Synthesis Phase: The synthesis phase of code generation accepts the intermediate code representation as input and outputs code in a specified target language (e.g., C). Assuming that the IR used by the statechart system includes a scheme for representing functions, no special processing is necessary to handle graphical functions in this phase.
The following describes the declaration and use of graphical functions in an exemplary statechart system.
First determine one or more states in a model where it is desired that the function appear. A function can reside anywhere in a state diagram, either at the top level or within any state or subchart. The location of a function definition determines its scope, that is, the set of states and transitions that can invoke the function. In particular, the scope of a function is the scope of its parent state or chart, with two exceptions:
(i) a chart containing the function exports its graphical functions, in which case the scope of the function is the scope of its parent state machine; and
(ii) (ii) a child of the function's parent defines a function of the same name, in which case the function defined in the parent is not visible anywhere in the child or its children. In other words, a function defined in a state or subchart shadows any functions of the same defined in the ancestors of that state or subchart.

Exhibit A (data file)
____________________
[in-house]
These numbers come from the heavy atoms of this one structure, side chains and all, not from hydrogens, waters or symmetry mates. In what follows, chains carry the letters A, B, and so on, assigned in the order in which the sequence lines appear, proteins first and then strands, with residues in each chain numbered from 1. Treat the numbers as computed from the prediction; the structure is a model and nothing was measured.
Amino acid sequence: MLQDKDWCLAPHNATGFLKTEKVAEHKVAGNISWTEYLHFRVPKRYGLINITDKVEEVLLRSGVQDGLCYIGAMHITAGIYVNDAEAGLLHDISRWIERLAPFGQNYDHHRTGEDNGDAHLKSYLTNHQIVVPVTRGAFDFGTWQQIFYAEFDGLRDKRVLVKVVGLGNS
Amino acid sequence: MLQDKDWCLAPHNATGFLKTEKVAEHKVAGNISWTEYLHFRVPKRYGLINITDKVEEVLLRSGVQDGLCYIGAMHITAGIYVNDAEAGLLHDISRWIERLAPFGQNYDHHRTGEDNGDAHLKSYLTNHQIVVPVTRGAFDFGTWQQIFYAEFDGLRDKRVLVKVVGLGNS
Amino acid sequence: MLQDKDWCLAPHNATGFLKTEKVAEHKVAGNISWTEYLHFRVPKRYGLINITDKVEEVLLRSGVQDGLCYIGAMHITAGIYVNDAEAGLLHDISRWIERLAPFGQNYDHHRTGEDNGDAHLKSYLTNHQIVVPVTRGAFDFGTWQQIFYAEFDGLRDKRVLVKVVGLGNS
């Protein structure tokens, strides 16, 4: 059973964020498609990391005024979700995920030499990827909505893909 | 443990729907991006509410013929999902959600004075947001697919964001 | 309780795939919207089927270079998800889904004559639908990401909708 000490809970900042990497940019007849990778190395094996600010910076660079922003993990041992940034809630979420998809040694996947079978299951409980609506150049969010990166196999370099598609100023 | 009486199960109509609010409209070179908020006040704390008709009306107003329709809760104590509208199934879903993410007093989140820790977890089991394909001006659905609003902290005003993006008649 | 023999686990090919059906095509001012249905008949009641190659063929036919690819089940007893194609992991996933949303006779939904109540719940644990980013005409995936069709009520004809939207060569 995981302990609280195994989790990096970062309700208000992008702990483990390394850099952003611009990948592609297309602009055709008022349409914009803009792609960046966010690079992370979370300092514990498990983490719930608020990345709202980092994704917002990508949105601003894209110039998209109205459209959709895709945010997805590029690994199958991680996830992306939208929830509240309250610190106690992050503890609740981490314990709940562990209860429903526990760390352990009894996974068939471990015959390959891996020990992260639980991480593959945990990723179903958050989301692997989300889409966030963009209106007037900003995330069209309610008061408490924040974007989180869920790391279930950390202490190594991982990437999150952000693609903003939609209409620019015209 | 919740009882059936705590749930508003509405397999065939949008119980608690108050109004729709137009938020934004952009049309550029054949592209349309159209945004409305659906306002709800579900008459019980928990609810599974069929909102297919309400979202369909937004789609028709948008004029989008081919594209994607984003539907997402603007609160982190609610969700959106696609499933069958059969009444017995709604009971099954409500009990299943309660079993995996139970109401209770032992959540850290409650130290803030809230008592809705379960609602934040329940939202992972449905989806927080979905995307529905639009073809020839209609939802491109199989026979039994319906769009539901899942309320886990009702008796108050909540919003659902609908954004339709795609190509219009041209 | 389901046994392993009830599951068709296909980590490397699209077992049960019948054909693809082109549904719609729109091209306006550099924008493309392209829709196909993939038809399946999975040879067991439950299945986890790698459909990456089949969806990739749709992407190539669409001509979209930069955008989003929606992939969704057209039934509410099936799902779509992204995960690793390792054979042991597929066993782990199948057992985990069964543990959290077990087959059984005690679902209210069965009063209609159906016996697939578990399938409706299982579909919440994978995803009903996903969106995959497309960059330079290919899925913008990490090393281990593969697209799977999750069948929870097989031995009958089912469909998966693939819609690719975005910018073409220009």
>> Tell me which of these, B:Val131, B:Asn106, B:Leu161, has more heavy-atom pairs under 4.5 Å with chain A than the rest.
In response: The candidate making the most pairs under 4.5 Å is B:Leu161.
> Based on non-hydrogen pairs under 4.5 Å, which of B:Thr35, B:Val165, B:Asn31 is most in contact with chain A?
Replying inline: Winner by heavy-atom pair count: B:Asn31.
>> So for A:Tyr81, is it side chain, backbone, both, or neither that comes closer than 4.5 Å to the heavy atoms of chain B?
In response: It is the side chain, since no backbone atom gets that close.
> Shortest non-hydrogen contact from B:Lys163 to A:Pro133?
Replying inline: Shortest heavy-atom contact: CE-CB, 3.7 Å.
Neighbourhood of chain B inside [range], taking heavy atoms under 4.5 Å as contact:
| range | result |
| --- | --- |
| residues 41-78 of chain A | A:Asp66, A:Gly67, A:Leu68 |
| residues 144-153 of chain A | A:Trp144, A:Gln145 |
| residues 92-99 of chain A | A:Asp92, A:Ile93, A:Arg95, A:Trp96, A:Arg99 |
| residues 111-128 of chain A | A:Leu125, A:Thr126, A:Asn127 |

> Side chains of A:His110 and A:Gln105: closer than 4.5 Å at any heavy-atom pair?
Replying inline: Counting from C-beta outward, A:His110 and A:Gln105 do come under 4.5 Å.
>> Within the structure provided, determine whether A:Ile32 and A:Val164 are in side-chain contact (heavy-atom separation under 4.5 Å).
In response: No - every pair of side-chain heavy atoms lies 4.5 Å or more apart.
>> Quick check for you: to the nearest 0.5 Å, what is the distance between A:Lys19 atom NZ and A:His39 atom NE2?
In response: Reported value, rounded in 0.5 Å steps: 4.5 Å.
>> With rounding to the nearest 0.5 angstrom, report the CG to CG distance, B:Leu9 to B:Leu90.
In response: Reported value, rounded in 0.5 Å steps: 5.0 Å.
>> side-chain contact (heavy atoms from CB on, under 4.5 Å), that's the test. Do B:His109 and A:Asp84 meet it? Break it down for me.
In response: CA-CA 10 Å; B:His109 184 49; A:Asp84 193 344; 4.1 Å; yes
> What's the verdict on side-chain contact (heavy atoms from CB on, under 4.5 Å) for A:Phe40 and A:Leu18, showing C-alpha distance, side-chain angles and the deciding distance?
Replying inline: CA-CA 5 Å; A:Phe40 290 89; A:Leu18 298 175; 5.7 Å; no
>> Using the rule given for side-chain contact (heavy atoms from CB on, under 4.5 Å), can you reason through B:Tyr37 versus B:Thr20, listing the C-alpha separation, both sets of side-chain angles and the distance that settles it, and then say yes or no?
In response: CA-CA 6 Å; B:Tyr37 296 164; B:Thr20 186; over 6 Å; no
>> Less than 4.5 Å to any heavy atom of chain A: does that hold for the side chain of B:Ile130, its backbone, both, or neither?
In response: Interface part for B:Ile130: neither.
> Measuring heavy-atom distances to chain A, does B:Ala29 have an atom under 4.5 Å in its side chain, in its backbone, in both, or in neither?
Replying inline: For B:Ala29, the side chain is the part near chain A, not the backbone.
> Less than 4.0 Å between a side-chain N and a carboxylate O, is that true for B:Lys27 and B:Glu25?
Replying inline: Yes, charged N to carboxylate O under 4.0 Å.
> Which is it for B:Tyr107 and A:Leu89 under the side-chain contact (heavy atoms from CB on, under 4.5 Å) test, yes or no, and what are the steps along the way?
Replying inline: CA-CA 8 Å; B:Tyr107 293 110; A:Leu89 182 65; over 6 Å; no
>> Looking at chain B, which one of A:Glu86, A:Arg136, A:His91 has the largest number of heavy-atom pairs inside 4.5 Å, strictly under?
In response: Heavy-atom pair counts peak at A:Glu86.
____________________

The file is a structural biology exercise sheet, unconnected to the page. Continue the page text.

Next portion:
The undefined object is converted from a state to a graphical function.
y=f(a.sub.1, a.sub.2, . . . a.sub.n)
where f is the function's name, a.sub.1, a.sub.2, an are formal names for its arguments, and y is the formal name for its return value.
The Scope field 104 indicates the role of the corresponding argument or return value. Arguments have scope Input 106, and 108. A return value has scope Output 110. The number that appears in parentheses for the scope of each argument is the order in which the argument appears in the function's prototype. When a graphical function is invoked, arguments are preferably passed to the function in the same order as the function prototype.